The common thread to any farm bill story in the past week has been the sentiment that because of the unfolding Syrian situation – farmers and ranchers should expect to get a farm bill extension at best. However – President of the National Farmers Union – Roger Johnson – disagrees with the notion that we don’t have enough time for a full farm bill…
“Practically speaking, Congress has until the end of the calendar year to pass the farm bill. The extension that we are living on right now was passed on the first of the year. So three months had gone by, the bill had expired and it wasn’t until New Year’s Day that one was passed. That is because there is no impact for the farmers for having it delayed another three months.”
Johnson adds that you can bet this will be a topic of discussion when as many as 300 National Farmers Union members convene in Washington, D.C. for their fly-in next week.
Parts of the Country Unseasonably Warm
Temperatures have reached 100-degrees through some of the northern parts of the country – and USDA Meteorologist Brad Rippey says the heat will get worse before it gets better – with temperatures expected to reach 100-degrees or higher as for north as Eastern Montana…
“That will be the core area of the heat during the next 5-7 days across the northern and central plains. Temperatures will be running 10-20 degrees above seasonal averages.”
The lower Great Lakes region and interior Northeast could get below 40-degrees by the end of the week.
USDA Has No Plans to Withdraw Poultry Rule
The Government Accountability Office has issued a report that criticizes the way USDA’s Food Safety and Inspection Service has handled pilot projects that led to a proposed rule to make changes to poultry inspections. Under Secretary for Food Safety Elisabeth Hagen says that will not prompt USDA to withdraw the rule. Hagen notes GAO did not suggest withdrawing the rule. She also points out that the rule is based on more than the pilot projects analyzed by the GAO and adds that this is about public health.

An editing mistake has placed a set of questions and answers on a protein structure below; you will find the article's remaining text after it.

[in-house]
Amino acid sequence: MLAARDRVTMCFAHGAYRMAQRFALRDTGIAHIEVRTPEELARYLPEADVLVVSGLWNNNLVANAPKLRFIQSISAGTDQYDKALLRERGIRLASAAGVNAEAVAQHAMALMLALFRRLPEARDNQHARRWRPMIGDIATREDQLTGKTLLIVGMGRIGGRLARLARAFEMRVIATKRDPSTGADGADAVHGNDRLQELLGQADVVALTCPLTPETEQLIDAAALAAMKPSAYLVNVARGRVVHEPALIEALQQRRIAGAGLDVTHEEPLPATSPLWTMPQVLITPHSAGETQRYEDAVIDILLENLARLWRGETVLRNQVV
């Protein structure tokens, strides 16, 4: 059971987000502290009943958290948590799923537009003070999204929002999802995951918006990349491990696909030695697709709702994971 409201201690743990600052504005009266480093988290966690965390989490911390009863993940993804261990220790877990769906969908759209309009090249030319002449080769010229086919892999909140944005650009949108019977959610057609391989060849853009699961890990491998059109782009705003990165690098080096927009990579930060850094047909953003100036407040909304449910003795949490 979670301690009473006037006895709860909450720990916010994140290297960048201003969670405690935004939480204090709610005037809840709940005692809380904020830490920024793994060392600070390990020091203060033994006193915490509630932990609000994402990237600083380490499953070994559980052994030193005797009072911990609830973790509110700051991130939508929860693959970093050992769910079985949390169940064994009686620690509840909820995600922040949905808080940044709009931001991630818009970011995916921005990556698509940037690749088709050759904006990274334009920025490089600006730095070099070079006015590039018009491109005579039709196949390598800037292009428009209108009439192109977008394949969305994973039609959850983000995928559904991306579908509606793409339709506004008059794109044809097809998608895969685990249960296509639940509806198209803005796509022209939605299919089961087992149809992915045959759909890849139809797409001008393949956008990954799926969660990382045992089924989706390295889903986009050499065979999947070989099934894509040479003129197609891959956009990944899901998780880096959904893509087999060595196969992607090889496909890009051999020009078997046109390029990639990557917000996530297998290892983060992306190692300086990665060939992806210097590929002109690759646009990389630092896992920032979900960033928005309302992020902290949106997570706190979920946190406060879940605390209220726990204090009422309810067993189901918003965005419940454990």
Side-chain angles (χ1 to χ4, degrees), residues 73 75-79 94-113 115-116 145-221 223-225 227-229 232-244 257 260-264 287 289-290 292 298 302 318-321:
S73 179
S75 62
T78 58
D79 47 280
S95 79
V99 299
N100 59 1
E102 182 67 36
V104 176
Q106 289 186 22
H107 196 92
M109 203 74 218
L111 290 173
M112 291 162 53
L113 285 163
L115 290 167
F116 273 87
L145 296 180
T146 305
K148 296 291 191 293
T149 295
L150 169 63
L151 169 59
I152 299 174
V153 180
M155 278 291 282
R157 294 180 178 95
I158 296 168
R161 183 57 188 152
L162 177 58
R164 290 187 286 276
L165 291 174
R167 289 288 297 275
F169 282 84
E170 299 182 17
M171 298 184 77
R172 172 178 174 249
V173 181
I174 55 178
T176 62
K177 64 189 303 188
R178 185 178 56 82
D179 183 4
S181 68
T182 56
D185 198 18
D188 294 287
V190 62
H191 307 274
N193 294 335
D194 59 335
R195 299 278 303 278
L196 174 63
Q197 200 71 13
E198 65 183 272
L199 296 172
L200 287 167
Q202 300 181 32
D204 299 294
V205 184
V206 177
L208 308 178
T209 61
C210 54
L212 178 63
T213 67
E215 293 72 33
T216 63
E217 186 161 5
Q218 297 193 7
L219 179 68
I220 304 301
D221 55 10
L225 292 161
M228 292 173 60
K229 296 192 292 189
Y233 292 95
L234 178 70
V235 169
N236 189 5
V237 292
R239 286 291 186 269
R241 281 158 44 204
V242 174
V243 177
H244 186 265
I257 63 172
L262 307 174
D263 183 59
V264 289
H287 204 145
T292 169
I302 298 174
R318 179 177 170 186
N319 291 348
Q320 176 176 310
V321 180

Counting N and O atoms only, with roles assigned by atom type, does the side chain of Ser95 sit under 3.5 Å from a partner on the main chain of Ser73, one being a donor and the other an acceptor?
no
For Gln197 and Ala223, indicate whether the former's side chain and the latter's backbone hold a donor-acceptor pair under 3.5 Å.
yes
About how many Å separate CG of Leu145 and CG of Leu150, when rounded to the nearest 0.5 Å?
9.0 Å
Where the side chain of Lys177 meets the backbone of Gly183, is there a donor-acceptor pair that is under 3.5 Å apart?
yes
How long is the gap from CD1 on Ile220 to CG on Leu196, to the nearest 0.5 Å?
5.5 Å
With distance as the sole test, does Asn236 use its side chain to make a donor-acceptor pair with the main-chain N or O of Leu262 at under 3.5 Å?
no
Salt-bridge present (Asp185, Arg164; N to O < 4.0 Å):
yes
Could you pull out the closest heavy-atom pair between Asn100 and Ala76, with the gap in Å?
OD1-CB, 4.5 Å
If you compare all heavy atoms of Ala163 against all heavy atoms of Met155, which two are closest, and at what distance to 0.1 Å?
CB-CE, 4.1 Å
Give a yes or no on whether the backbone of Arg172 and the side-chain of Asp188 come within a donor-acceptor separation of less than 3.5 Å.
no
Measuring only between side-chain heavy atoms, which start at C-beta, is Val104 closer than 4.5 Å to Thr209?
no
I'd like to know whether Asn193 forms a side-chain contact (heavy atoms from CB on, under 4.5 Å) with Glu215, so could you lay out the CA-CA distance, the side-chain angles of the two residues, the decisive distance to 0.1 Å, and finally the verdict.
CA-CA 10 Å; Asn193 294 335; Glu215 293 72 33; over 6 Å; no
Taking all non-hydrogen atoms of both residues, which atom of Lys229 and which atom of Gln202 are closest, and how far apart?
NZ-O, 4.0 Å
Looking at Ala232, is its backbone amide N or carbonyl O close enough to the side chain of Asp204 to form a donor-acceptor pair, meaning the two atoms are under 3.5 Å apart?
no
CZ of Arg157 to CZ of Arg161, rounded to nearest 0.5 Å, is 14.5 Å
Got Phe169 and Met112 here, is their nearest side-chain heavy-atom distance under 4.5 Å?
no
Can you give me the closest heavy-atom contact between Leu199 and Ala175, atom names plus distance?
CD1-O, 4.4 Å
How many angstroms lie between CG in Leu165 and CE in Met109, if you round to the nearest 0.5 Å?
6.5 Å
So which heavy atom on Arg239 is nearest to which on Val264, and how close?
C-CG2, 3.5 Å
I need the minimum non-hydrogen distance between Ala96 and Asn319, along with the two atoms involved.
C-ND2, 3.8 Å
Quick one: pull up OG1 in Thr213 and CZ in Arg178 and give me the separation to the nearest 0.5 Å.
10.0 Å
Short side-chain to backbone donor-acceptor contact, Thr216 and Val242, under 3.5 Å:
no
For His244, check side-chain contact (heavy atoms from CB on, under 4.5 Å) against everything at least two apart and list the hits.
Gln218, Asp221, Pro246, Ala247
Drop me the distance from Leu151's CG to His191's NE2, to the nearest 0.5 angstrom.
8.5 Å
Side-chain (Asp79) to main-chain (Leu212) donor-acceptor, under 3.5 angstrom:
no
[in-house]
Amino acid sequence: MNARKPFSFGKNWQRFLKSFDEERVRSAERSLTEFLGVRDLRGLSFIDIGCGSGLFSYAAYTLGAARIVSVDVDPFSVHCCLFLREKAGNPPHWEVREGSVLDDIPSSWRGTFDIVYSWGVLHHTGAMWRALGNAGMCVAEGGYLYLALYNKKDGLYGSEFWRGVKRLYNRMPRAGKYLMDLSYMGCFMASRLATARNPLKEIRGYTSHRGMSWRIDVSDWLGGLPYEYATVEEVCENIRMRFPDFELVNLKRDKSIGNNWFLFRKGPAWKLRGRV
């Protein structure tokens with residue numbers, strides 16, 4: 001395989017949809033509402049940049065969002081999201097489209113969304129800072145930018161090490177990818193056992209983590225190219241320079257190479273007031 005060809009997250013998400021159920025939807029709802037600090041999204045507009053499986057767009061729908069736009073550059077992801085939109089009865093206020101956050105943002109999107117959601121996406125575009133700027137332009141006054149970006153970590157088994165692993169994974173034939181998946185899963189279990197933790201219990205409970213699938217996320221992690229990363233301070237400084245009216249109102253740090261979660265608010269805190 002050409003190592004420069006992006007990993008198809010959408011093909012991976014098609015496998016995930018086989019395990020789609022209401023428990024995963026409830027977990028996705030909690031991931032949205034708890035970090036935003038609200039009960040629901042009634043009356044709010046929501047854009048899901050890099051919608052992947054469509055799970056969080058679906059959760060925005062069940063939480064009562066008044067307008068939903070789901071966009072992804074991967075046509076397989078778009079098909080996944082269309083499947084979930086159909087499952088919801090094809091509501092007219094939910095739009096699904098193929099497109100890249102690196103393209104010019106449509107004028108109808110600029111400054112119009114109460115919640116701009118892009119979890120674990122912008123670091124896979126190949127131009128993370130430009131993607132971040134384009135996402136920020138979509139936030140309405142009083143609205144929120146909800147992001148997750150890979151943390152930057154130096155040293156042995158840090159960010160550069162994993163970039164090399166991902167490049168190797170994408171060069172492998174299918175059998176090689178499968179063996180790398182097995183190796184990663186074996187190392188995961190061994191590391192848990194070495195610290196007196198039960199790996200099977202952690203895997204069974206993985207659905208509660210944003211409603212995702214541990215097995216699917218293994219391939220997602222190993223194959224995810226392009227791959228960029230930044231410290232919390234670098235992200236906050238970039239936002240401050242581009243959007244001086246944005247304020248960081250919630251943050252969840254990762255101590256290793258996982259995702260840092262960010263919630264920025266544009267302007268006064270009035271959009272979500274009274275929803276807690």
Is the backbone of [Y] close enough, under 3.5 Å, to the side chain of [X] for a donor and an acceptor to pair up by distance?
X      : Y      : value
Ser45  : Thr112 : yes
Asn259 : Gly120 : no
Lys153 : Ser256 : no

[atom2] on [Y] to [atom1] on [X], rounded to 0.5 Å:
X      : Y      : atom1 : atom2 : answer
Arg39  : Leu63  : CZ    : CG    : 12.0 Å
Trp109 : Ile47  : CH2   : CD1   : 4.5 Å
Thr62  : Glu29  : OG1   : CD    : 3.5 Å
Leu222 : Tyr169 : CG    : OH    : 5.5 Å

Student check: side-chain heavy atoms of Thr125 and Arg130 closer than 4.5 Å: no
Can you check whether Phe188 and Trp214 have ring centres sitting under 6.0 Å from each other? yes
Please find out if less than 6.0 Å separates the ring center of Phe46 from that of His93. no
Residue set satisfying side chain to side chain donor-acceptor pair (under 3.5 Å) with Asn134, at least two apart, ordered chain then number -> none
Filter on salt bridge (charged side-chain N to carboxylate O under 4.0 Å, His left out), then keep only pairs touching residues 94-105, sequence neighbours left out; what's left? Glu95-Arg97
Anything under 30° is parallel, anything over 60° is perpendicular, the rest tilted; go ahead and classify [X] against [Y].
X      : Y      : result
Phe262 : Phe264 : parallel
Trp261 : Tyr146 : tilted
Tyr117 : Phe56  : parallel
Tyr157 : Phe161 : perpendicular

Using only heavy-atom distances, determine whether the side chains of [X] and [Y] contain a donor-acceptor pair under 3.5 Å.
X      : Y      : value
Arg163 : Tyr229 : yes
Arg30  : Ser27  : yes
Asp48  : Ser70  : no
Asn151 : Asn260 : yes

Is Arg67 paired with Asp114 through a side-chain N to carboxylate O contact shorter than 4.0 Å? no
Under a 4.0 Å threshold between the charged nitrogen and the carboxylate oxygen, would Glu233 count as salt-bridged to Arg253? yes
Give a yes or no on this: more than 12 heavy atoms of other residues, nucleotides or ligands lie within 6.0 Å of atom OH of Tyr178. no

ERS Releases Report on Household Food Security
According to analysis by USDA’s Economic Research Service – an estimated 14.5-percent of American households were food insecure at least some time during 2012. This means they lacked access to enough food for an active, healthy life for all household members. This is not a statistically significant change from 14.9-percent in 2011. The prevalence of very low food security was unchanged at 5.7-percent. U.S. Agriculture Secretary Tom Vilsack says the report on Household Food Security in the U.S. in 2012 underscores the importance of programs like the Supplemental Nutrition Assistance Program that have helped keep food insecurity from rising – even during the economic recession. As the recovery continues and families turn to USDA nutrition programs for help to put good food on the table – Vilsack says this isn’t the time for cuts to the SNAP program that would disqualify millions of Americans and threaten a rise in food insecurity.
Study Highlights Positive Impacts of Farm and Ranch Lands Protection Program
The Farm and Ranch Lands Protection Program improves agricultural viability, encourages on-farm conservation and helps farmers gain access to land. That’s according to a new study from American Farmland Trust and the University of Nebraska-Lincoln. The USDA Natural Resources Conservation Service program protects farm and ranch land from development by providing matching funds to eligible entities to purchase agricultural conservation easements. According to the study – 84-percent of landowners who sold easements reinvested proceeds to improve their farms. Three-quarters of landowners reported the application of at least one conservation practice to reduce erosion, prevent water pollution, enhance wildlife habitat, prevent overgrazing or minimize water use.